Inspired by the giving spirit of his grandparents, who adopted him as a child, Rays pitcher Chris Archer established the Archway Foundation to “bridge the gap” for underprivileged kids. Locally, Archer has donated baseball equipment to Police Athletic Leagues, the YMCA and other organizations; this season, he is partnering with the Rays Foundation and Crown Automotive to donate $25 for each strikeout he completes to Starting Right, Now, a charity working to end teenage homelessness. The centerpiece of his efforts, though, is the Archers, a youth baseball club in his hometown of Clayton, North Carolina. Knowing the sometimes prohibitive costs of elite travel baseball, Archer and his foundation cover all costs to participate on the team, including uniforms and coaching. In return, the players are required to embrace good habits, like volunteering and completing reading assignments.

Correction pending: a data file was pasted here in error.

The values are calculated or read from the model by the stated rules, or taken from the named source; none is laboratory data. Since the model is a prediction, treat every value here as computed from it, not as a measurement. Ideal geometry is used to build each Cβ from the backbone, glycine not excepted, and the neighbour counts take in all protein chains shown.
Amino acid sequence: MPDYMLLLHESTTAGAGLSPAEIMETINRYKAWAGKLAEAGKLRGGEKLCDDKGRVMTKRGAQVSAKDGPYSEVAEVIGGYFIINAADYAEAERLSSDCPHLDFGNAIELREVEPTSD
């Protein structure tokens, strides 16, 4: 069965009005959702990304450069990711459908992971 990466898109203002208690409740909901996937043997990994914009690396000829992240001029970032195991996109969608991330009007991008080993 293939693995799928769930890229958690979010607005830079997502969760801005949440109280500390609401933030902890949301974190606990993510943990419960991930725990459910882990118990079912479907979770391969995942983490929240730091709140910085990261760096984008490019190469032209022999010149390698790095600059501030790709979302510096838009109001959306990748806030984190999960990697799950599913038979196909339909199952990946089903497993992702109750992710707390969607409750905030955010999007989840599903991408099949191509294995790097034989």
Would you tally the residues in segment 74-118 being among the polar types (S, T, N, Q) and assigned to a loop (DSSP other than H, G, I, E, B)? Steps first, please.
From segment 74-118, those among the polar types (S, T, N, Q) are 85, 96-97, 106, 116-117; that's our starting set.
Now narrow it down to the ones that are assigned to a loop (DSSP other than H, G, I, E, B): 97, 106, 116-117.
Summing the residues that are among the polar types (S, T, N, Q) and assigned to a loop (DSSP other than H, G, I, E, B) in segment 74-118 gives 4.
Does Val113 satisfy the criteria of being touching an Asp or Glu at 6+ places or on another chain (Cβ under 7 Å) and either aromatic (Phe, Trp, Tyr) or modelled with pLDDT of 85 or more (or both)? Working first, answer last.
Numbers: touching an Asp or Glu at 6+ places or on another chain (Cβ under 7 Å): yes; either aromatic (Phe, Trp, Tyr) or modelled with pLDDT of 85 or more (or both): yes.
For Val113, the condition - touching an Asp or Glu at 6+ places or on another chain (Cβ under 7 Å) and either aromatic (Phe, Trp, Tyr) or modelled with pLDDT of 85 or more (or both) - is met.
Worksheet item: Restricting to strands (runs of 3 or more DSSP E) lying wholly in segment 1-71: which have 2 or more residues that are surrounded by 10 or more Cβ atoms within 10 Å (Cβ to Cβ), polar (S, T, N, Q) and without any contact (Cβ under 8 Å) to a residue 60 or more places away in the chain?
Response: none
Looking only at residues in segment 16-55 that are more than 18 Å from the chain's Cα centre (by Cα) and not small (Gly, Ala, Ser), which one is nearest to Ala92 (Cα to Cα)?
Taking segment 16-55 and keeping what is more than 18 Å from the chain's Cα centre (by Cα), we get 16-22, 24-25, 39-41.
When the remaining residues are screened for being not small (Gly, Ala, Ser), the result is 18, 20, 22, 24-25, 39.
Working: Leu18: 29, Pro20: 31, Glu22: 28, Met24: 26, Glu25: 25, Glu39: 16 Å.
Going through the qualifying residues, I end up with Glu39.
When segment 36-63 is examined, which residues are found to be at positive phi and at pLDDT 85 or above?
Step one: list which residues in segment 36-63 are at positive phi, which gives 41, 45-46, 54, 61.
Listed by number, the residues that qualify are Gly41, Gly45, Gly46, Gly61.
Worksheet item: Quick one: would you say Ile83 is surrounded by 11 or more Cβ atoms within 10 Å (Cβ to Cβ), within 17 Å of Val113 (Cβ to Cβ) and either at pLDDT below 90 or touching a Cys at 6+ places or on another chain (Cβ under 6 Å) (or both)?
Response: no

Like Archer, wide receiver Mike Evans’ childhood spurred the creation of his nonprofit, the Mike Evans Family Foundation, which he launched with his wife, Ashli, in December. Evans’ focus is two-pronged: provide financial assistance to students who have been accepted to college but cannot afford it, and help women and children dealing with domestic violence. Evans has spoken about the horrific domestic violence he faced as a child, including the murder of his father. “I grew up in a household with domestic violence, and I know how hard that can be,” he says in a statement on his website outlining the foundation’s goals.
For other players, longtime commitments to a Tampa Bay sports team have led to the same with local charities. Lightning captain Steven Stamkos has been an active supporter of the Ronald McDonald House of Tampa Bay for more than six years and was named the organization’s Award of Excellence recipient in 2012 for his efforts to bring awareness and funds to the charity, including donating money for each goal he scored throughout multiple Lightning seasons. When they wed last summer, Stamkos and his wife, Sandra, requested that their guests donate to the charity instead of purchasing gifts — raising over $34,000 that was split between the Ronald McDonald Houses in Tampa Bay and Stamkos’s hometown of Toronto. This past season, the couple hosted families staying at the Ronald McDonald House in Tampa at Lightning games.